Michigan Senator Carl Levin said
Tuesday he'll include “Don't Ask, Don't Tell” repeal in this
year's Defense Authorization bill, and defy a Pentagon request to
The Senate Armed Services Committee
chairman said he's prepared to include repeal language of the policy
that bans gay troops from serving openly in the defense budget if
he can get the votes for it. Both sides of Congress are expected
to act on next year's budget this month.
Defense Secretary Robert Gates and
Chairman of the Joint Chiefs of Staff Admiral Mike Mullen wrote to
the House Armed Services Committee and urged its chairman, Missouri
Representative Ike Skelton, to hold off on repeal until their study
The men said they “strongly oppose”
legislating repeal before the Pentagon has completed its review of
the policy due in December.
President Barrack Obama promised he
would back repeal of the policy this year during his first State of
the Union address in January. The president has since reversed
course, saying he supports holding off on repeal until after the
study is complete.
Repeal supporters have accused the
president of punting repeal until 2013.
“If repeal doesn't happen this
calendar year, it is unlikely to pass until after the next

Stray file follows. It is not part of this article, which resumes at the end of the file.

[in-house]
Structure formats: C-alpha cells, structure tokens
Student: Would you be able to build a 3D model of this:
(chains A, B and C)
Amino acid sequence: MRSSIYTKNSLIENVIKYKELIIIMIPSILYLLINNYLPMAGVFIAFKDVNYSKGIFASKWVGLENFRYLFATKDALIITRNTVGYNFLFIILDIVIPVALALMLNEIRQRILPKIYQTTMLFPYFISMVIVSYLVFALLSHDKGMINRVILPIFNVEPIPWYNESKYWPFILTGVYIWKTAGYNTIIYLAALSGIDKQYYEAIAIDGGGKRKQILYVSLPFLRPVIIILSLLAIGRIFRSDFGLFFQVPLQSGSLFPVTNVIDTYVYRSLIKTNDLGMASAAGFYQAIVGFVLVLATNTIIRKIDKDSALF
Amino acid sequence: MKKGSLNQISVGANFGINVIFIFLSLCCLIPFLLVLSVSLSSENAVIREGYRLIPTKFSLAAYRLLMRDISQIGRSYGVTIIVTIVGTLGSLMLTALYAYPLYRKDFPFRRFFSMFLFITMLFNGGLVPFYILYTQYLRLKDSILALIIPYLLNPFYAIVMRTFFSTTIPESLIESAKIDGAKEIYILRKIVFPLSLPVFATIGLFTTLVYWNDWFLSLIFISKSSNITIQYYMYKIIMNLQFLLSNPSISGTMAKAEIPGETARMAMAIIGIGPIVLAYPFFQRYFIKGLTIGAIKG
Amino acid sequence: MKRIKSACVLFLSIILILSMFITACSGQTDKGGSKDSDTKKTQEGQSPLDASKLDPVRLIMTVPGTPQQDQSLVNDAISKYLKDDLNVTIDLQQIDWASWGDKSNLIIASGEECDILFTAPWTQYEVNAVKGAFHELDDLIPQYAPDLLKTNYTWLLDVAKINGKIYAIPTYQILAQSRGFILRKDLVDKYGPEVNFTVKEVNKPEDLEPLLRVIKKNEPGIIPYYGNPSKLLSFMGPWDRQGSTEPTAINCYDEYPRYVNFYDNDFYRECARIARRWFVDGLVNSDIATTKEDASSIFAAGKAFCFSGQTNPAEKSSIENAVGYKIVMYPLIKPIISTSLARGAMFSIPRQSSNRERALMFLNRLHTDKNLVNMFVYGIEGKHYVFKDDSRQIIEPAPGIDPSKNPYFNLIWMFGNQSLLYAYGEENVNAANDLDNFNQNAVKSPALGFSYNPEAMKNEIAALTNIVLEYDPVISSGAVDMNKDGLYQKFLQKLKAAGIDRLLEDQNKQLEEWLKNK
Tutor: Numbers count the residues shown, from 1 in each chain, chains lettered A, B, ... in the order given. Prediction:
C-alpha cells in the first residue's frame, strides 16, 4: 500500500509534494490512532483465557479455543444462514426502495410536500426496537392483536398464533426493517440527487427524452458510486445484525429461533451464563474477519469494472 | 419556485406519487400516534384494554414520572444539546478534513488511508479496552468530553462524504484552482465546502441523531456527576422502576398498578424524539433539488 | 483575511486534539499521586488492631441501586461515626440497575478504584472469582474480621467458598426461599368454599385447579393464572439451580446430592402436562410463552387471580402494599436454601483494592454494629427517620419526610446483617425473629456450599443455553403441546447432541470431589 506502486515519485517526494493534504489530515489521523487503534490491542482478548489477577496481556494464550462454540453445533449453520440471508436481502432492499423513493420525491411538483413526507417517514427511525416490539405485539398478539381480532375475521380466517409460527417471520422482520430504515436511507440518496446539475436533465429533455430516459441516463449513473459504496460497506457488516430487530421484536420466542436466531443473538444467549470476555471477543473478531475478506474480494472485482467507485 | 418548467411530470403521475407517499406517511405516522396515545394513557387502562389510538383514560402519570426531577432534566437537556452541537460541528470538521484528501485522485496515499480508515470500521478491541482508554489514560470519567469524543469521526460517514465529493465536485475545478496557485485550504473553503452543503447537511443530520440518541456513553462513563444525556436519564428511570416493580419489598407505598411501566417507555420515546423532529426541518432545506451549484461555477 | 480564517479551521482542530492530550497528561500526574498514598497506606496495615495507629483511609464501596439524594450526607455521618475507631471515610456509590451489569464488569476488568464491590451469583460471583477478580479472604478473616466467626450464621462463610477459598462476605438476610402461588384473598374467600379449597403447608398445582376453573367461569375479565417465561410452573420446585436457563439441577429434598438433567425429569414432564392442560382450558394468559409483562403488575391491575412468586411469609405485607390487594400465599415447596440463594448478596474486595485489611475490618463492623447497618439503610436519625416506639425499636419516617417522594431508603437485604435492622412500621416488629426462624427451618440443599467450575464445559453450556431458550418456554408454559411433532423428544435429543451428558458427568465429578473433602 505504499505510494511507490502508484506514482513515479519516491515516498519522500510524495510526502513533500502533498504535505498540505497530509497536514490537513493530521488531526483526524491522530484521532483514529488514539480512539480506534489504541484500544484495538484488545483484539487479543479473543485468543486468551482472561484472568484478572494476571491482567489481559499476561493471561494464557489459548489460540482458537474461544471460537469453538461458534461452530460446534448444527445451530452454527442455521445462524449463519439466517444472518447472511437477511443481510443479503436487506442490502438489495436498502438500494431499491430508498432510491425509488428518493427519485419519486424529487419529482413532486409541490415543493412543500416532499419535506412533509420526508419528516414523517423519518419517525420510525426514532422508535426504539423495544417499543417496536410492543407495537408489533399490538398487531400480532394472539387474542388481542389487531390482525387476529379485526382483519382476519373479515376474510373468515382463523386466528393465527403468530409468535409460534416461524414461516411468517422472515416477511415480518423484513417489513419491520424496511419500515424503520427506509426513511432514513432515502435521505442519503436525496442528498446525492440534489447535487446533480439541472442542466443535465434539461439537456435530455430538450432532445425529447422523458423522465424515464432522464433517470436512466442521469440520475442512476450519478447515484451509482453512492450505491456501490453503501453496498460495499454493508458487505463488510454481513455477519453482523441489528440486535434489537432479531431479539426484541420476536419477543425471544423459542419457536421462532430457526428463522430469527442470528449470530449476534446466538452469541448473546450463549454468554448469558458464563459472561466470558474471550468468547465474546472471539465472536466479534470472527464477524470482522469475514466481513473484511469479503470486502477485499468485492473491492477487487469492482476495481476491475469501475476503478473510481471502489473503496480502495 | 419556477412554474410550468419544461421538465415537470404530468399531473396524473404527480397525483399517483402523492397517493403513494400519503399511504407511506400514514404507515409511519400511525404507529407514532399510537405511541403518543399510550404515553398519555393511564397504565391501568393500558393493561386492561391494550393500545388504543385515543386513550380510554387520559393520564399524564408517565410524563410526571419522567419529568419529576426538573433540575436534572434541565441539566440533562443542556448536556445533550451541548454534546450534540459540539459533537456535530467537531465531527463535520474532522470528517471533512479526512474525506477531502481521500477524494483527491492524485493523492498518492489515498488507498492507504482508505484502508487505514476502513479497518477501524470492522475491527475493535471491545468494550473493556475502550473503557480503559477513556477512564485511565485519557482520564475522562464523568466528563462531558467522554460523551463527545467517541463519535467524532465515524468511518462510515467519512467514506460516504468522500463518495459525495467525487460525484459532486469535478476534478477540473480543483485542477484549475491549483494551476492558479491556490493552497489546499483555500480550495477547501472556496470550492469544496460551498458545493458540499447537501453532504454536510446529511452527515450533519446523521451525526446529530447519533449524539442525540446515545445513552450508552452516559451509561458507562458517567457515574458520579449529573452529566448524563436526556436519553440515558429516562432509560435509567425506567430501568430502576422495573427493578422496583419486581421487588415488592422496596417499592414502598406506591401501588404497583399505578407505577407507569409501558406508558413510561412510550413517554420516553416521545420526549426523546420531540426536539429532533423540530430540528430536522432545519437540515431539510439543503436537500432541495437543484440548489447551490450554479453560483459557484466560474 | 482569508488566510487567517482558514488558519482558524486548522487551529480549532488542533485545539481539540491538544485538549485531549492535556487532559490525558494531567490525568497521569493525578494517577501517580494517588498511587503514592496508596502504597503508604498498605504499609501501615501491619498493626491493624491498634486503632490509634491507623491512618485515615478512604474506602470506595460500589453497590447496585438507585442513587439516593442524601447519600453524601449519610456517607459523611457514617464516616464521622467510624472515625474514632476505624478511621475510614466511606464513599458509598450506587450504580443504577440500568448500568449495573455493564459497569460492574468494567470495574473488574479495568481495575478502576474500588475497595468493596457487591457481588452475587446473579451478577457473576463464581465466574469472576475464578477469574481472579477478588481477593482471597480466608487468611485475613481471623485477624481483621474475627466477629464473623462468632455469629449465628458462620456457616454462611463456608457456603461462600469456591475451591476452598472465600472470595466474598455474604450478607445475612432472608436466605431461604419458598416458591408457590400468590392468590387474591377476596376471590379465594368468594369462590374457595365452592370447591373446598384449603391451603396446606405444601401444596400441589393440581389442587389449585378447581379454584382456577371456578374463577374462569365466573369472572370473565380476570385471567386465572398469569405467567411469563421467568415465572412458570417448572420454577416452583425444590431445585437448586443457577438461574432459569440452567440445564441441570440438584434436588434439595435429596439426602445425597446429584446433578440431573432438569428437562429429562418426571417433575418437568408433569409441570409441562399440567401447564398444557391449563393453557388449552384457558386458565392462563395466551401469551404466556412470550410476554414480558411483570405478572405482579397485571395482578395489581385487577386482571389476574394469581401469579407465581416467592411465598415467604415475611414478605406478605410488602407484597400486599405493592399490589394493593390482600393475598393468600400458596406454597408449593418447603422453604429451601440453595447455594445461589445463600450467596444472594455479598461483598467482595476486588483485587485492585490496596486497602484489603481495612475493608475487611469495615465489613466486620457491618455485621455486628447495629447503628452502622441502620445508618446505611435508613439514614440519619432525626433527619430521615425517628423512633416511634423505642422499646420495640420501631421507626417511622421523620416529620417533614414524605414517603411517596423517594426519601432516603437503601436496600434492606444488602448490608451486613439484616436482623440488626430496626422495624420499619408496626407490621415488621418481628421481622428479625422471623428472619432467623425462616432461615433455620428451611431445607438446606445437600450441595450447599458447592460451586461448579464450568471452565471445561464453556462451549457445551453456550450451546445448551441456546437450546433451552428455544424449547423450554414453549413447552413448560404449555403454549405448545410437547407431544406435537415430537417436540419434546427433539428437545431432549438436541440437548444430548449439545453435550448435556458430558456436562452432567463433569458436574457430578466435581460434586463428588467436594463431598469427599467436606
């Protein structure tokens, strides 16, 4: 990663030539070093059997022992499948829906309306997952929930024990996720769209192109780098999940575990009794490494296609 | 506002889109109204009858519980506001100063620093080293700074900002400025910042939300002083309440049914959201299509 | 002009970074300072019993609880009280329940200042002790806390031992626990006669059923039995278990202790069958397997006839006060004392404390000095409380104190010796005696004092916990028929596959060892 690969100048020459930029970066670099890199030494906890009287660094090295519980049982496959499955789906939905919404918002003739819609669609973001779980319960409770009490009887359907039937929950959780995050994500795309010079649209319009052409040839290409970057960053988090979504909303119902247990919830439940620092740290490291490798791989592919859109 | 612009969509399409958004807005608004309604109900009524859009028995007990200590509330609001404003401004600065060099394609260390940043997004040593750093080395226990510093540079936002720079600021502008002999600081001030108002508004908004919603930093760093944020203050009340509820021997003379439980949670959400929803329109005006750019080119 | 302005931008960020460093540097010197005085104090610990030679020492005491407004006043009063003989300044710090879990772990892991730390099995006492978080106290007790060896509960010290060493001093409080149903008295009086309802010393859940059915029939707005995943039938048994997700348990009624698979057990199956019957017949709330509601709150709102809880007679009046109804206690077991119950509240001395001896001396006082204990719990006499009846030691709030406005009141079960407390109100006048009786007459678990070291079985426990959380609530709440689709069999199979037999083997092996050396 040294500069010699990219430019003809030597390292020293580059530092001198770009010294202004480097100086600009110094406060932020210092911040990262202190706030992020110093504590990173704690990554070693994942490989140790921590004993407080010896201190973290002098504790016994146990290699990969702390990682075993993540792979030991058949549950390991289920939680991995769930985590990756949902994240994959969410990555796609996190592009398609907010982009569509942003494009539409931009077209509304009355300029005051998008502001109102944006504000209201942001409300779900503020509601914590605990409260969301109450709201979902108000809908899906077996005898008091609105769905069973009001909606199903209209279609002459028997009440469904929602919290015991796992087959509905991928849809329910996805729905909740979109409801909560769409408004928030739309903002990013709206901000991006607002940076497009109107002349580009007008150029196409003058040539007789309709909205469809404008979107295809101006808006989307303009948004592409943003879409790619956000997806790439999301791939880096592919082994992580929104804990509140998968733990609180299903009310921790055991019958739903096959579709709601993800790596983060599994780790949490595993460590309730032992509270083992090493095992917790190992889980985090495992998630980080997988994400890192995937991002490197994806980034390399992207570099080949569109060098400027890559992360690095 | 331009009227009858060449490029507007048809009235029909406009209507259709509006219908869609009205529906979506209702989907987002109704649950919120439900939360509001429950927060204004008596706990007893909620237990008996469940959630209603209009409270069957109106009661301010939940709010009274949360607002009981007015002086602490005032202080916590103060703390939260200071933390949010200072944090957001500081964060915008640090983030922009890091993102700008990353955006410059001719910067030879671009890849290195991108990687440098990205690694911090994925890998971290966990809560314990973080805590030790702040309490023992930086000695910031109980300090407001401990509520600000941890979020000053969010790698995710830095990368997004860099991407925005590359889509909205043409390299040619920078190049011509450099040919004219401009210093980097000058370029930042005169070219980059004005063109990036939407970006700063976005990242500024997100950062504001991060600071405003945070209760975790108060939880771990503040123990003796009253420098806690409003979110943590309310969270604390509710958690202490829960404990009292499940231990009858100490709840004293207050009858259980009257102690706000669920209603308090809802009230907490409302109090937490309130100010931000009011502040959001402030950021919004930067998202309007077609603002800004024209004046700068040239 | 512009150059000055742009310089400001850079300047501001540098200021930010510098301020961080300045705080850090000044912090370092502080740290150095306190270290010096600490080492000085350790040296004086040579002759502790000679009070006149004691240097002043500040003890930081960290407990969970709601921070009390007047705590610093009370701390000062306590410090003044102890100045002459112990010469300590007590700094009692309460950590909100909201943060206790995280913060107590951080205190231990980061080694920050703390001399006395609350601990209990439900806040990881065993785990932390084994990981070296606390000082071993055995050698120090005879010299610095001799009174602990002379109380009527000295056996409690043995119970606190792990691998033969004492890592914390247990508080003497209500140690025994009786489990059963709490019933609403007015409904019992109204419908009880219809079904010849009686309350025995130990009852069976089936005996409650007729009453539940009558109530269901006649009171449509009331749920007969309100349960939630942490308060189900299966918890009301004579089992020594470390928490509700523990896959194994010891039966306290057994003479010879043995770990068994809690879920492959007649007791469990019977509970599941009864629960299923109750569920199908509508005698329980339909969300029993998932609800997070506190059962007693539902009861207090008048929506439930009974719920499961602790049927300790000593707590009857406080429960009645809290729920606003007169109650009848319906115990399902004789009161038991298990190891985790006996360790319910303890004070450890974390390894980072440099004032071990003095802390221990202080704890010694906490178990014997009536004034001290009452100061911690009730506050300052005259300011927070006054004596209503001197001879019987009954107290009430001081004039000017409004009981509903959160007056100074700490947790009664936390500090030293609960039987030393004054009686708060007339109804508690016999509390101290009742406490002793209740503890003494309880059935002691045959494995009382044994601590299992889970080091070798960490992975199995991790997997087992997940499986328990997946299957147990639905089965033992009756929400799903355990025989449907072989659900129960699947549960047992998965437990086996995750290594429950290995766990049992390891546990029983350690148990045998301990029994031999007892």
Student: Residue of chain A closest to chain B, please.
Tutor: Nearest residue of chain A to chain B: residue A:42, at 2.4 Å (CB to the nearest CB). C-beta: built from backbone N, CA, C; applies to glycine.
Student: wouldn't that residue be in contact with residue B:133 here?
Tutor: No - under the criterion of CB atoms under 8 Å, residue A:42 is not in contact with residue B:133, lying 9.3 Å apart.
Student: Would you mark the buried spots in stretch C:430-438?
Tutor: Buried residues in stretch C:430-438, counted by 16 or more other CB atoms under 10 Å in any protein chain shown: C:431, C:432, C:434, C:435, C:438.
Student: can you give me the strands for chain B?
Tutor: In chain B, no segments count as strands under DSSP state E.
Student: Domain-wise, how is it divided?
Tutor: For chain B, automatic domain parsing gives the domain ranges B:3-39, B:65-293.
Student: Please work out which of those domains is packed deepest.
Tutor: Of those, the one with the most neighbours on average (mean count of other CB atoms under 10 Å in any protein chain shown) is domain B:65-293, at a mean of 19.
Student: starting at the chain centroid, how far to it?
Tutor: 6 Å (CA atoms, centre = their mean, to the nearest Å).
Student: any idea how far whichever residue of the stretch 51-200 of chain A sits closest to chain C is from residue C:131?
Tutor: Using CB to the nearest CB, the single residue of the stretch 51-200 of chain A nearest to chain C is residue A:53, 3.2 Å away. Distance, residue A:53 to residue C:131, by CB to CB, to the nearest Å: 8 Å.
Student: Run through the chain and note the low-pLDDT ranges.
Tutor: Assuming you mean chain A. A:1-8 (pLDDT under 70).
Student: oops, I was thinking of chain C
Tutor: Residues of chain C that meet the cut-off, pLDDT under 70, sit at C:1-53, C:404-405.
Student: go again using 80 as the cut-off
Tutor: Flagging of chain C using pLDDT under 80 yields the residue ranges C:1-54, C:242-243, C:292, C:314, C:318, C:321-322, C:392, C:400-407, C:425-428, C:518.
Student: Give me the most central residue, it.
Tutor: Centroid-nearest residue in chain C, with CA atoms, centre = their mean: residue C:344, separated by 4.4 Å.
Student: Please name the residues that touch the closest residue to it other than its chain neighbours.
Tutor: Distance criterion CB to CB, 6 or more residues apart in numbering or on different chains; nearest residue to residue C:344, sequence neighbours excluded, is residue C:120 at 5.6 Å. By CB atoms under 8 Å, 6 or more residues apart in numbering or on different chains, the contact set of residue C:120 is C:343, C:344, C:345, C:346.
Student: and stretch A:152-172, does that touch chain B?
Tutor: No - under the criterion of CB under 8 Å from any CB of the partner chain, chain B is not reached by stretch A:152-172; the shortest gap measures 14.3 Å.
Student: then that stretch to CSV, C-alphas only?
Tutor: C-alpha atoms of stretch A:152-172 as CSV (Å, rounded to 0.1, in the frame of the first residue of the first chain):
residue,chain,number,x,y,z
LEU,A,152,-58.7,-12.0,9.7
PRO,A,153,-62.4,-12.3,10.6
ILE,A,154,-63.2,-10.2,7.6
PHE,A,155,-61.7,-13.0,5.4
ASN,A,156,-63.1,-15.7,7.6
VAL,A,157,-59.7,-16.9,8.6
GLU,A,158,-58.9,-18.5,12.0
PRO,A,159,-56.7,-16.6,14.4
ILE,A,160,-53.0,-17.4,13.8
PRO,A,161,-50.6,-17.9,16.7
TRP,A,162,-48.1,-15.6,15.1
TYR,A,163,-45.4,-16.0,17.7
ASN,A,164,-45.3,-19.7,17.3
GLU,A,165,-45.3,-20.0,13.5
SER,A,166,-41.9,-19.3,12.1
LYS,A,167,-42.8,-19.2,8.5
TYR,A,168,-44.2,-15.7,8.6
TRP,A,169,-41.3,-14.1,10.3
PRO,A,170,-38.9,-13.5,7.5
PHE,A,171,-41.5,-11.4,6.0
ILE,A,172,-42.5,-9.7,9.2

presidential election,” Dr. Aaron Belkin, director of the Palm
Center, a group that supports repeal, said.
But Levin added that the legislation
would take effect after the Pentagon has completed its review.
“What we ought to do is repeal it but
make the effective date after the report,” Levin told Roll
The strategy is supported by the
Defense Network (SLDN), the largest group lobbying for repeal.
On Sunday, Howard
Dean, the former chairman of the Democratic National Committee,
called on the president to take action this year.
In an open letter released Saturday,
Dean says he is in agreement with gay rights advocates who are
concerned that the Department of Defense could “indefinitely delay
the possibility of moving forward with the repeal of DADT until the
Pentagon completes a review of the policy.”
“Americans clearly understand that if
someone is brave enough to take a bullet for the USA, then they
should have the same equal rights guaranteed to every American under
the law – whether they are serving in the military, or when they
come home,” he added.